Phi Beta Cons

re: Classroom Bias

In that piece that John mentions, it’s reported that the argument made by a University of Nevada-Reno sociology prof is that if conservative students have lower overall grade averages, that is explained by the fact that they tend to take more courses in fields (such as economics), where grading tends to be lower than in fields attractive to liberals (such as African-American studies). His research supposedly shows that there isnt any large-scale pattern in grading that hurts conservatives.
That’s probably right, but it’s a red herring. Rarely would you find even a virulently leftist prof assigning low grades to students who disagree with him, for two reasons: 1) to do so is to court trouble and most profs don’t want to waste their time on administrative procedures, and 2) most conservative students are shrewd enough to spill out the answers the prof wants, even if they completely disagree. Therefore, this finding doesn’t do anything to disprove the contention that there is a significant problem with professors turning their classrooms into re-education camps.
There are many anecdotes about this. Consider, for example, a pair of sociology courses taught at North Carolina State this year. The professor gave exams calling for students to regurgitate Marxian platitudes about oppression. The courses received the Pope Center’s “Course of the Month” award.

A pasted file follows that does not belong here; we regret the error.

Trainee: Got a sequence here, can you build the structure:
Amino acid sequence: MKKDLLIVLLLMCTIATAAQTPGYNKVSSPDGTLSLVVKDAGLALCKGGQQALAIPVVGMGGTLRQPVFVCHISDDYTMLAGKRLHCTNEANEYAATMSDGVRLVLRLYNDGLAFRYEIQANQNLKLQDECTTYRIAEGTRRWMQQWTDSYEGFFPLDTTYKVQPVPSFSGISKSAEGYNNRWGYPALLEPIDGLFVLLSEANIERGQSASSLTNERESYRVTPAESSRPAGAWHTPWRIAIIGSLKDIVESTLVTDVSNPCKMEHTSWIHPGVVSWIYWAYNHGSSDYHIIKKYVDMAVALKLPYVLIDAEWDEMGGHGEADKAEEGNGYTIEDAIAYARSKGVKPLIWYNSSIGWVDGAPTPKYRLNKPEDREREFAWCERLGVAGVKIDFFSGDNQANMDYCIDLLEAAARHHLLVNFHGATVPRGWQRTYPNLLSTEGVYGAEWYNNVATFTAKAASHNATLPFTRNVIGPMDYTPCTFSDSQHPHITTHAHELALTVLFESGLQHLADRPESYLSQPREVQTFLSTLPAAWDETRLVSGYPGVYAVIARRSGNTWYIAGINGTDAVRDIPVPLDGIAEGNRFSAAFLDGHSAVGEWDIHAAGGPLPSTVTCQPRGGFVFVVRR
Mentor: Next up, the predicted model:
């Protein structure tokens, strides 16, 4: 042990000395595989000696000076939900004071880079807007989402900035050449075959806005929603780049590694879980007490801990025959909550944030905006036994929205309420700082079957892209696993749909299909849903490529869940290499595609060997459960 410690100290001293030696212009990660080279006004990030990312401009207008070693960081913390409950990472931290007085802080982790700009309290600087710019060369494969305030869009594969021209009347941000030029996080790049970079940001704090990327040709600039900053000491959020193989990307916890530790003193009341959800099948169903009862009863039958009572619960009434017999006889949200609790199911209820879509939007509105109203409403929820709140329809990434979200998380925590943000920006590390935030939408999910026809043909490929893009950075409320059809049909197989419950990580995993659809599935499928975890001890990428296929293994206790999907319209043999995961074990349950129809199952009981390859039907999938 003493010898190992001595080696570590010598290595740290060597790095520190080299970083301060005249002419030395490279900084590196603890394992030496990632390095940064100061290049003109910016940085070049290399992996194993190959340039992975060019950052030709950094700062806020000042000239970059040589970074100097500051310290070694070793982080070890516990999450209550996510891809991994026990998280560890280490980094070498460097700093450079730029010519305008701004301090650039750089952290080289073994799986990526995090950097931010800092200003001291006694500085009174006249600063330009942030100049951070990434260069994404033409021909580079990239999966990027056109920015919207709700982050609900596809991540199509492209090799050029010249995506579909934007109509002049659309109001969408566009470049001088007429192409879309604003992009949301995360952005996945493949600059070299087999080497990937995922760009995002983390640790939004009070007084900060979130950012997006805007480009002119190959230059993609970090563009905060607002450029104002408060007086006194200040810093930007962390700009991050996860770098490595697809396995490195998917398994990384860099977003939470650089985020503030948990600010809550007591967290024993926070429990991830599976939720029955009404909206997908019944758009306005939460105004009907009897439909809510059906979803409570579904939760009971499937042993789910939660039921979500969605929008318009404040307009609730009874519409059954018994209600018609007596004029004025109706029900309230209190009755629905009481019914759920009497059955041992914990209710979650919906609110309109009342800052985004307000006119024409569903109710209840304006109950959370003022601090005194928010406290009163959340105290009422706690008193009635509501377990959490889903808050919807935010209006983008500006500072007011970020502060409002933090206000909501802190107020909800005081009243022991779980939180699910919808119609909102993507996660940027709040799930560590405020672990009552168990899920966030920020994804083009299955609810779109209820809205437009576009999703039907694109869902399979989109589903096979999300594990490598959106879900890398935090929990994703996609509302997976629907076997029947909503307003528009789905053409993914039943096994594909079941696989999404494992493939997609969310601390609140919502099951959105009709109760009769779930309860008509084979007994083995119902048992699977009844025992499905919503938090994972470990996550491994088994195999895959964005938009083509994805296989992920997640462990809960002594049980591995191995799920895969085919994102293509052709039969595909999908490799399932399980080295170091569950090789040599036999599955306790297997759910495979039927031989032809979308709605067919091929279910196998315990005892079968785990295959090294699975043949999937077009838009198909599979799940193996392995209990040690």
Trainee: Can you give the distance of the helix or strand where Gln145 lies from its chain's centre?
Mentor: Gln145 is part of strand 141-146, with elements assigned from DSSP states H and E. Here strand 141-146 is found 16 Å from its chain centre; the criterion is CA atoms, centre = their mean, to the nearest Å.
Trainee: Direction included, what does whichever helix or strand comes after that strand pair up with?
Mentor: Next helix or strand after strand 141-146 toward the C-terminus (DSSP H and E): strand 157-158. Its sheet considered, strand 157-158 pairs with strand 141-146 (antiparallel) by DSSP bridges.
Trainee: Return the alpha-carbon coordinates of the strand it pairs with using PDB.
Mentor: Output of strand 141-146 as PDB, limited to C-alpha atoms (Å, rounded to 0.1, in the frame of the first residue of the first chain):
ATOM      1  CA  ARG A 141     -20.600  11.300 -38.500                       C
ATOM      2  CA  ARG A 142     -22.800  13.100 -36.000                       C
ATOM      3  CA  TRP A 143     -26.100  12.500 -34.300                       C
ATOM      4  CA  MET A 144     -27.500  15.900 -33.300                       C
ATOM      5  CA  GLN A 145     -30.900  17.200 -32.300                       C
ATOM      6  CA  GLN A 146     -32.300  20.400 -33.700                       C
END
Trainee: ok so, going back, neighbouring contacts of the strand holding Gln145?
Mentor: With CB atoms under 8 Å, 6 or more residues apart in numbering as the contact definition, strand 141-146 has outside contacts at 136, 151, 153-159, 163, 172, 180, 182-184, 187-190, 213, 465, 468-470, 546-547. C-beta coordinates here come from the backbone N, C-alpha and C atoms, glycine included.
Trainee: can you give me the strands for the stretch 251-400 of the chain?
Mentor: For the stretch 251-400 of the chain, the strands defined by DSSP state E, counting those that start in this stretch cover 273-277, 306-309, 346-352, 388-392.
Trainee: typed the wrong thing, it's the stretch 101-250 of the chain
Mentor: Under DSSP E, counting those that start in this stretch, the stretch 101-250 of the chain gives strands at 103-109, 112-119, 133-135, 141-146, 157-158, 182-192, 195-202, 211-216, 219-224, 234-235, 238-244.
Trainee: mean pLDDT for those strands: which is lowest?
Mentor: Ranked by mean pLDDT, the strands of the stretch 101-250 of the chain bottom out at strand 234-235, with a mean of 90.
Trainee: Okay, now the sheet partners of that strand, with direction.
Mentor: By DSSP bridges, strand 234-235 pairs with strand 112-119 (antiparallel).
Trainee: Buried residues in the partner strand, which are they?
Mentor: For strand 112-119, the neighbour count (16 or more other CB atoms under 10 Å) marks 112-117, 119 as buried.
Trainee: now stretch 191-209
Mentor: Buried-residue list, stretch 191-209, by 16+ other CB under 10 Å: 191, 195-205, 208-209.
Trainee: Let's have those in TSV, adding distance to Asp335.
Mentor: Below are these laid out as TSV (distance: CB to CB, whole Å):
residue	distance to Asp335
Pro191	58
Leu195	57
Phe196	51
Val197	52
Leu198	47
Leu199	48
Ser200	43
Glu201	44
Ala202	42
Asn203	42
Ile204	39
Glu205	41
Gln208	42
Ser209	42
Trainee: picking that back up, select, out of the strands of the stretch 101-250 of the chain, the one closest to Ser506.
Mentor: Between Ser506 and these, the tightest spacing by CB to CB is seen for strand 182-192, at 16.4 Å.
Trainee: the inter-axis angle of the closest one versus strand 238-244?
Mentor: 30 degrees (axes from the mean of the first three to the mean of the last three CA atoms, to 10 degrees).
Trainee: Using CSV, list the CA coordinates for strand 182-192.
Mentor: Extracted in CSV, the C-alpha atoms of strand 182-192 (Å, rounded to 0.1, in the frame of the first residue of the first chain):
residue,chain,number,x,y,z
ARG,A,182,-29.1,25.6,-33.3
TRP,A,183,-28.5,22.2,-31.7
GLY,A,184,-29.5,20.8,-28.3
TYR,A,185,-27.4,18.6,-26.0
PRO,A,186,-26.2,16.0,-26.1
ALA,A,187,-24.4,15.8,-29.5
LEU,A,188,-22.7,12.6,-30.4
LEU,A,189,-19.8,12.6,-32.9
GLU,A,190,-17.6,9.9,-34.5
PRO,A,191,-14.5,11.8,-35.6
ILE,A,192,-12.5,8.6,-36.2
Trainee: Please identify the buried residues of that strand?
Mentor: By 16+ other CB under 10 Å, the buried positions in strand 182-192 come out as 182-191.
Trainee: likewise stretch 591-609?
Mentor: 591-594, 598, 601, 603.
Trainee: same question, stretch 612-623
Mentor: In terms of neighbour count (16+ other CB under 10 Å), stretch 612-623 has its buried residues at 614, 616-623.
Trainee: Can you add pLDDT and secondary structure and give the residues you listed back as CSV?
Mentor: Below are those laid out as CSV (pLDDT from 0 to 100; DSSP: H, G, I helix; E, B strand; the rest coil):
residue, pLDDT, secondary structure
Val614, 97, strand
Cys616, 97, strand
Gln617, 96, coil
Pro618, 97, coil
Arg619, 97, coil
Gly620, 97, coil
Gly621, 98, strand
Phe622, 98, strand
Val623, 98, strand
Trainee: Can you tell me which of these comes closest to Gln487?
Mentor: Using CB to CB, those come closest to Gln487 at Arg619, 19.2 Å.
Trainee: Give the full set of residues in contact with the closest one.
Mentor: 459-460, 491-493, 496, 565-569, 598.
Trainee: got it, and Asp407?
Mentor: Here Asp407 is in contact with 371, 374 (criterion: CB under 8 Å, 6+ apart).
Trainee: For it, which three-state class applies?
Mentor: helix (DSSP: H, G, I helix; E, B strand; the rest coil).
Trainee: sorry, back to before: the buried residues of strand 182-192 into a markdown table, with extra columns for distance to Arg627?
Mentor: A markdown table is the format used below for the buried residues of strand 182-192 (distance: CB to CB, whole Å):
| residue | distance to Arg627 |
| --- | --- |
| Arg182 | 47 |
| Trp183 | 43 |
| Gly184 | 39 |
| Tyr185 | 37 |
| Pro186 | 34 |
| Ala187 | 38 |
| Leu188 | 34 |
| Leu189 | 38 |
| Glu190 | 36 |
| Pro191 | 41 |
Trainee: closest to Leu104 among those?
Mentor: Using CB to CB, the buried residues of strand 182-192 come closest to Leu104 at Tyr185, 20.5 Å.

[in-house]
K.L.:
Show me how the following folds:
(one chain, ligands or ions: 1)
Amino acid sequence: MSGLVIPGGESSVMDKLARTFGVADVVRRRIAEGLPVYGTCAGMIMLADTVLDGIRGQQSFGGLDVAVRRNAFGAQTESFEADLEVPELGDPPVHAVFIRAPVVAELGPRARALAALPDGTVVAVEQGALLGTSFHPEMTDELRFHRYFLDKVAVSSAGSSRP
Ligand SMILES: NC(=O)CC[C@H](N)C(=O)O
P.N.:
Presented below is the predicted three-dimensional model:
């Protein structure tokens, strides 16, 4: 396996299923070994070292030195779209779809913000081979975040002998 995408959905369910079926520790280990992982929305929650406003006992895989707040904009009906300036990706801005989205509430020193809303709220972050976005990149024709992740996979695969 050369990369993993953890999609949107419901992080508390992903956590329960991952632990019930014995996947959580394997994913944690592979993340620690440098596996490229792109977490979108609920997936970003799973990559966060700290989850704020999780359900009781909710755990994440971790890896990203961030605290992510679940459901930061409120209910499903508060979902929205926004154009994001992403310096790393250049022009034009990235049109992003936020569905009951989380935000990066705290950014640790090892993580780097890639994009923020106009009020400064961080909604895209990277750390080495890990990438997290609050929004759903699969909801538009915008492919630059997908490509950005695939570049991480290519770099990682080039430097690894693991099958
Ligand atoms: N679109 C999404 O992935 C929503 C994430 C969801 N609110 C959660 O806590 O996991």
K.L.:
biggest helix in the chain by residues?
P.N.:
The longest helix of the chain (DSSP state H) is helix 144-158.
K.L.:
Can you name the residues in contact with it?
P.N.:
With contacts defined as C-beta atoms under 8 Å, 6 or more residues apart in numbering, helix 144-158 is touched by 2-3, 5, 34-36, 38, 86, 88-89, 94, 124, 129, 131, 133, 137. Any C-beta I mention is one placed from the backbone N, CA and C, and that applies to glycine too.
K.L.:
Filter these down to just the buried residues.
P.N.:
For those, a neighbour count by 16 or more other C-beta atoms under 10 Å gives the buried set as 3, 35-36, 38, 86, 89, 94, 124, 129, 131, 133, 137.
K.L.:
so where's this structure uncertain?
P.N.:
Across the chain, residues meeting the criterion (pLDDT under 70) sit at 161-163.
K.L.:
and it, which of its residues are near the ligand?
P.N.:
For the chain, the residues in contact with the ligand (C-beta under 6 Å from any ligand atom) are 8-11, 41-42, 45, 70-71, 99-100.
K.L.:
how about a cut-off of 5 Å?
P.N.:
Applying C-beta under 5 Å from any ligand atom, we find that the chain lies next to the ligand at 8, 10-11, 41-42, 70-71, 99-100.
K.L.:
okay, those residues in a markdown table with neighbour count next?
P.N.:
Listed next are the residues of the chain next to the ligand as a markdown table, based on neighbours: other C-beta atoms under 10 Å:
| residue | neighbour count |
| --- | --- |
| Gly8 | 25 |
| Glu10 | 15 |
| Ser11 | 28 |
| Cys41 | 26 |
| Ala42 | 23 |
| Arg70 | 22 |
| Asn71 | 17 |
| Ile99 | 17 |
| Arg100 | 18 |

Sometimes, the professors who want to play the role of “change agent” proudly proclaim that they seek to change the views of their students. I wrote here about one such admission.
College courses should be used to instruct students in bodies of knowledge.

When they are being used for other purposes, administrators should reprimand the instructor. If a course consists of no body of knowledge, but entirely of opinion, it should be dropped from the curriculum.

George Leef is the director of research for the John William Pope Center for Higher Education Policy.

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